EVgo Wins Energy Storage North America 2016 Innovation Award



A Stationary Storage + Electric Charging (SSPEC) infrastructure project made by EVgo and UC San Diego about year ago, has won a Energy Storage North America 2016 Innovation Award.

EVgo fast charging station

EVgo fast charging station

The station reminds us of a traditional gas station, but of course with no liquid fuel pump there.

Instead, two DC fast chargers for both CCS Combo and CHAdeMO charging (50 kW each) are present, as well as a AC charging station, solar roof and on site energy storage system – consisting of used batteries from BMW i3 electric cars.

According to press release, over 100 drivers are using the station every week, which translates of course to some ~15 per day.

This award-winning station is a precursor to the install of America’s first ~350 kW super-station, which EVgo is presently constructing in Baker, California.  This 350 kW station also has a solar canopy, a battery back-up/storage system, as well as both CHAdeMO and CCS Combo connections.

EVgo statement in the win:

“A pioneering program in lowering the cost and immediate power demand of EV charging to host facilities, the EVgo SSPEC project explores how incorporating energy storage along with DC Fast Charging infrastructure can reduce the overall costs to public stations in order to make charging more accessible to EV owners. The SSPEC site is a model for future public charging facilities thanks to its use of four second-life batteries pulled straight from the BMW Group’s retired test fleet of electric vehicles, along with its use of solar power generation and intelligent site power control.”

NRG EVgo combo chargers at the UC San Diego

NRG EVgo combo chargers at the UC San Diego

“For the SSPEC project, EVgo partnered with the University of California San Diego, which is recognized as one of the top 15 research universities worldwide and operates what is considered one of the world’s most advanced microgrids. EVgo worked with UC San Diego to locate a demonstration site on the campus microgrid that would also ensure the stations would be accessible to the public and which results in the chargers serving over 100 drivers per week. The project is part of the CPUC Technology Demonstration Program, a program designed to help demonstrate the benefits of energy storage coupled with public DC Fast Charging stations.

The EVgo SSPEC system leverages a total of four second-life battery packs to provide energy storage services at the site. Local site controls then dispatch the batteries to provide services when vehicles arrive to charge at the site. With the system’s solar charging integration, customer vehicles charge directly from solar energy generated on site, and the batteries are used to reduce the grid’s electricity consumption, effectively offsetting demand charges and helping to manage the operational cost of providing public charging services.”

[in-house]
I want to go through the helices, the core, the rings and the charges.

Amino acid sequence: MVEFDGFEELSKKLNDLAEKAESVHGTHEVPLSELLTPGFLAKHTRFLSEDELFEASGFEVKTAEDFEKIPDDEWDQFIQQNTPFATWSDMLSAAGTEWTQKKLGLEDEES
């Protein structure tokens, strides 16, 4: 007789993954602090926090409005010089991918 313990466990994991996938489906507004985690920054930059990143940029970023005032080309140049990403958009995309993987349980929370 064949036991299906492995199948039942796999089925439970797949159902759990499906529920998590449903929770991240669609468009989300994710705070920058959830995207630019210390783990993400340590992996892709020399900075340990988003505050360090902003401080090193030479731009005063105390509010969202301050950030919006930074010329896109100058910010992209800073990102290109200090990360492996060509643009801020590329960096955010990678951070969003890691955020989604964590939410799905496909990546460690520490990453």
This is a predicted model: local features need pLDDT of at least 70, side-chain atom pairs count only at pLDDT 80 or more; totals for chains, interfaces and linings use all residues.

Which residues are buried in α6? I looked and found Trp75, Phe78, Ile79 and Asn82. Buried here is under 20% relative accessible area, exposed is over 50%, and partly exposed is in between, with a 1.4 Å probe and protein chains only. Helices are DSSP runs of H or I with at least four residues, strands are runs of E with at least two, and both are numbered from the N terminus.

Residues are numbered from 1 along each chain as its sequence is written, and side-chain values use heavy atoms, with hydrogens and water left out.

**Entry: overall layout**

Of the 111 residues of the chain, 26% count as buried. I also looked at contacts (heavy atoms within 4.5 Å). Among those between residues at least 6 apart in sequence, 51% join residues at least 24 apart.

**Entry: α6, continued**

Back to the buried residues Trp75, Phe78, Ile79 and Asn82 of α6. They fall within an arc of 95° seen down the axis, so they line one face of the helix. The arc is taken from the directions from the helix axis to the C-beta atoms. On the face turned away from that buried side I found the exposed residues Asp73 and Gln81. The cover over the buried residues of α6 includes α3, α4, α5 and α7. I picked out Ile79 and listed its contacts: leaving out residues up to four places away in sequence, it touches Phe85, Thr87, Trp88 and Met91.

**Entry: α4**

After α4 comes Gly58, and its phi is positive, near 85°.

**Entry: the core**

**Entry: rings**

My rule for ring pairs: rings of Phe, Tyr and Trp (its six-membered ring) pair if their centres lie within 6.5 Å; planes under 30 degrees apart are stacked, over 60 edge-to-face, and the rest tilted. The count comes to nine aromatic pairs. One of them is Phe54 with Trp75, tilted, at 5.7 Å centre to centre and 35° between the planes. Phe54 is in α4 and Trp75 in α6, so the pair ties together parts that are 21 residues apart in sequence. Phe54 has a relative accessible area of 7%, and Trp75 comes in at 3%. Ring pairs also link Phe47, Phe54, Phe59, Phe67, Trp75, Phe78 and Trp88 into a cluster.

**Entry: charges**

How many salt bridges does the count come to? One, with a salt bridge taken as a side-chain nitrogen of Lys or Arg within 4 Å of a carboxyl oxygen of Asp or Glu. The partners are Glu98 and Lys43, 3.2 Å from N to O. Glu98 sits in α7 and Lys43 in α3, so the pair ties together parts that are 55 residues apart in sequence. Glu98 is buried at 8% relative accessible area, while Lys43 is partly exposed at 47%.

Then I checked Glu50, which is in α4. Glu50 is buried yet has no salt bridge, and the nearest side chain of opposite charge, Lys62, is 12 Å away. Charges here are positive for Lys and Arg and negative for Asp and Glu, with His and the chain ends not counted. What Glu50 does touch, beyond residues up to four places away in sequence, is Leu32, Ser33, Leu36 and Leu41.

Terry O’Day, Vice President, Product Strategy and Market Development at EVgo added:

“DC Fast Charging plus storage presents an exciting opportunity for drivers and charging companies alike. This project has the potential to shortcut some of the barriers facilities face when looking to install DC Fast Charging stations by reducing operating costs, improving charging service and convenience for EV drivers, and ultimately can help to put more electric vehicles on the road,”


Category: Charging

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5 responses to "EVgo Wins Energy Storage North America 2016 Innovation Award"
  1. Assaf says:

    I counted 40 panels, which likely means ~10-12 kW nameplate capacity, right?
    Given the sunny low-latitude location, they probably produce ~25MWh per year, enough for several thousand of Leaf-like charging session, the majority of sessions at that station according to the 100/week quote.

    I wonder though, how come there are already aftermarket i3 batteries, when that EV has been selling in the US only since mid-2014? Or are these production rejects?

    Sorry for getting into the weeds. This is a cool accoplishment and a nice academic/business partnership (from experience, never an easy prospect to pull off).

    1. Assaf says:

      …which reminds me, the story title should change to “UCSD and EVgo”, rather than “EVgo”. At the very least, UCSD provided the site and part of the know-how.

    2. terminaltrip421 says:

      “The SSPEC site is a model for future public charging facilities thanks to its use of four second-life batteries pulled straight from the BMW Group’s retired test fleet of electric vehicles…”

  2. Jay D says:

    Excellent template, now let’s see some numbers! With four 22 kWh packs, each accustomed to 125 kW peak loads, a single 50 kW DCFC session should be effortless. Assuming thes facility only uses a single phase 240 Or 277 V grid connection at 200 amps or less, installation cost should be much less. However, if on high Voltage service as part of a larger facility, the demand charge mitigation would be far more valuable than any EV charging business.

    1. Bill Howland says:

      “…Assuming thes facility only uses a single phase 240 Or 277 V grid connection at 200 amps or less,…”

      Why would you make the assumption that a relatively large commercial facility would only have 48 kw available?

      Areas are different, but in my area the utility provides absolutely no savings for single-phase commercial customers, and depending on the location limits single-phase commercial draws to either 50, 75 or 100 kw (Unless it is convenient for THEM, of course).